I've been corresponding by e-mail with Beth, my editor, but on Monday, when I saw the subject line Pushcart Nominations, my heart stopped. I said, "Now wouldn't that be sweet." I clicked on the e-mail and tried to be patient as my work computer opened it.
And there was the news: Beth could nominate 6 works, and mine was one of them. Hurrah! I was so happy that I cried--literally.
I've spent the rest of the week thinking about why this nomination means so much to me.
I've been publishing in a wide variety of journals for almost 20 years, and this Pushcart nomination is my first. I've watched other worthy writers discuss their nominations, and if I'm being honest, some years I've wondered if it will ever be my turn. It sounds petulant, and it is, but I want to be honest about this creative life I'm living.
I continue to think about how I came to write this poem, which I described in this blog post. In short, I saw this picture on Beth's Facebook update:
and on the same day, I saw this picture in a different Facebook post
and a poem began to emerge.
It wasn't until I revised the poem and returned to the original post about the poem that I ended it in a satisfying way. I originally had the angel Gabriel finding Mary in that real estate office.
Here is the complete poem:
A Girl More Worthy
The angel Gabriel rolls his eyes
at his latest assignment:
a virgin in Miami?
Can such a creature exist?
He goes to the beaches, the design
districts, the glittering buildings
at every boundary.
Just to cover all bases, he checks
the churches but finds no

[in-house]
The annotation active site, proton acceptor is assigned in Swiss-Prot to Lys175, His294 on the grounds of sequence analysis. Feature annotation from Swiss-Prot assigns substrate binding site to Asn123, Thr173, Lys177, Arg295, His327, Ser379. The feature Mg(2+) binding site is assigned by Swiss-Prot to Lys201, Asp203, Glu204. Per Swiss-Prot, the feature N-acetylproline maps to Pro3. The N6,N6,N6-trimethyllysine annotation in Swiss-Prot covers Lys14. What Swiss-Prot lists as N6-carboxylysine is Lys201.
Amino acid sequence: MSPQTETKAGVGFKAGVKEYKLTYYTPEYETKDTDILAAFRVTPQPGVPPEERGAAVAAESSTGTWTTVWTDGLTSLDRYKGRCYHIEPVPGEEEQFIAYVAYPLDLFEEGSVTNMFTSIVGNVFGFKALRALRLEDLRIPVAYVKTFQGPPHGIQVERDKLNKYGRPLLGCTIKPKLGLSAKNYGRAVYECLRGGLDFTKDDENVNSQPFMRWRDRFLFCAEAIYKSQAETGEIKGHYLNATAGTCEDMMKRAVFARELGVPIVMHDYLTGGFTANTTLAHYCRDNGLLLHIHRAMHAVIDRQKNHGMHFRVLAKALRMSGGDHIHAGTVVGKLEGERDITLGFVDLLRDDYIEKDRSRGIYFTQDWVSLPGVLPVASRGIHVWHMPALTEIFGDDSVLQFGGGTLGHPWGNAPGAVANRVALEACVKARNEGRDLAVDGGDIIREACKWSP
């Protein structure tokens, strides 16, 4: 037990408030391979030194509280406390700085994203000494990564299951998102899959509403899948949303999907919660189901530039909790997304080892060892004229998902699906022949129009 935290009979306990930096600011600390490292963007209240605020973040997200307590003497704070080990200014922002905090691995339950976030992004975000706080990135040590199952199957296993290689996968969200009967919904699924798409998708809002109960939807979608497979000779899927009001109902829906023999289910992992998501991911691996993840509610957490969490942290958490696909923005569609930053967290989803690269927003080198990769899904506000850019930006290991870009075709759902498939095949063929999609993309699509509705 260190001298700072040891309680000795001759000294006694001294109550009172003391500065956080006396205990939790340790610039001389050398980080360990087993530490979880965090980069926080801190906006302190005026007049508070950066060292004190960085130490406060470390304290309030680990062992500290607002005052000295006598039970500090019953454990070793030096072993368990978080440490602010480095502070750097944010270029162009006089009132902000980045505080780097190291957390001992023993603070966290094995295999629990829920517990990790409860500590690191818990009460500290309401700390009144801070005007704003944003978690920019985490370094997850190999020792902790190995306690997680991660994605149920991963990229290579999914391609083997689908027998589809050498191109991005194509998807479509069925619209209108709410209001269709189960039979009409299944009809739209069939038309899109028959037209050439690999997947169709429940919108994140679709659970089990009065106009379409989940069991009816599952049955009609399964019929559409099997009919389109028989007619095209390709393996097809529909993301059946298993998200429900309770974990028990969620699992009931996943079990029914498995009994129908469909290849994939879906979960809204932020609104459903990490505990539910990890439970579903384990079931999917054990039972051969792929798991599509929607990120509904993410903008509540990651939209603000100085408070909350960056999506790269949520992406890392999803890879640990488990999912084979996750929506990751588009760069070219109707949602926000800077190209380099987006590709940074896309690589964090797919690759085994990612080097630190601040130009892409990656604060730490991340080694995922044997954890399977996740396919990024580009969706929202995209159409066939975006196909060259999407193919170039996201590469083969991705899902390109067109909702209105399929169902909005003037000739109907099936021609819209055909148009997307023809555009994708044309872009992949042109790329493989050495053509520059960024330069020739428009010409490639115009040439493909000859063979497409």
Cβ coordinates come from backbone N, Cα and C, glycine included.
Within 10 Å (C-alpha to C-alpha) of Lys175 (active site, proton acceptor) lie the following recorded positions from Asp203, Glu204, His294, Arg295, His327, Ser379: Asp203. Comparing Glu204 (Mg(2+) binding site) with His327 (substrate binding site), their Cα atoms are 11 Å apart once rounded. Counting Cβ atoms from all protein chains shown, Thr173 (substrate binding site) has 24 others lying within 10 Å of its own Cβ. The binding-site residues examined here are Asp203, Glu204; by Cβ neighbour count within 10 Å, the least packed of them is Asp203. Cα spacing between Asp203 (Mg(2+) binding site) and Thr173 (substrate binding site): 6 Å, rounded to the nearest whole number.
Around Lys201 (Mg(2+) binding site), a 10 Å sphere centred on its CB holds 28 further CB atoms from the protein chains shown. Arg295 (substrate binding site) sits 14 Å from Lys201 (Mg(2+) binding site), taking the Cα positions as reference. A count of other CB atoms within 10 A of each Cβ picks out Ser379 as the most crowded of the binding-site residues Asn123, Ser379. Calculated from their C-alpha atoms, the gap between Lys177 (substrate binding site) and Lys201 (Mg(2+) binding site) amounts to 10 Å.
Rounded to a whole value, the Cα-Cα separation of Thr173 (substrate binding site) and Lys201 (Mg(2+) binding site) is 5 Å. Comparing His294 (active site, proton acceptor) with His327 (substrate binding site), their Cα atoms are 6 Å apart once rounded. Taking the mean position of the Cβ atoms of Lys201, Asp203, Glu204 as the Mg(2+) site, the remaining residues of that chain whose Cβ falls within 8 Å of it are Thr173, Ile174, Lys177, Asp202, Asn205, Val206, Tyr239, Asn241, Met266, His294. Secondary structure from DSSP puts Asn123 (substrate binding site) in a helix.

vessels for the holy inside.
He thinks he’s found her in the developer’s
office, when she offers him coffee, a kind
smile, and a square of cake. But then she instructs
him in how to trick the regulatory
authorities, how to make his income and assets
seem bigger so that he can qualify
for a huge mortgage that he can never repay.
On his way out of town, he thinks he spies
John the Baptist under the Interstate
flyway that takes tourists
to the shore. But so many mutter
about broods of vipers and lost
generations that it’s hard to tell
the prophet from the grump,
the lunatic from the T.V. commentator.
Finally, at the commuter college,
that cradle of the community,
he finds her. He no longer hails
moderns with the standard angel
greetings. Unlike the ancients,
they are not afraid, or perhaps, their fears
are just so different now.
The angel Gabriel says a silent benediction
and then outlines God’s plan.
Mary wonders why Gabriel didn’t go
to Harvard where he might find
a girl more worthy. What has she done
to find God’s favor?
She has submitted
to many a will greater than her own.
Despite a lifetime’s experience
of closed doors and the word no,
she says yes.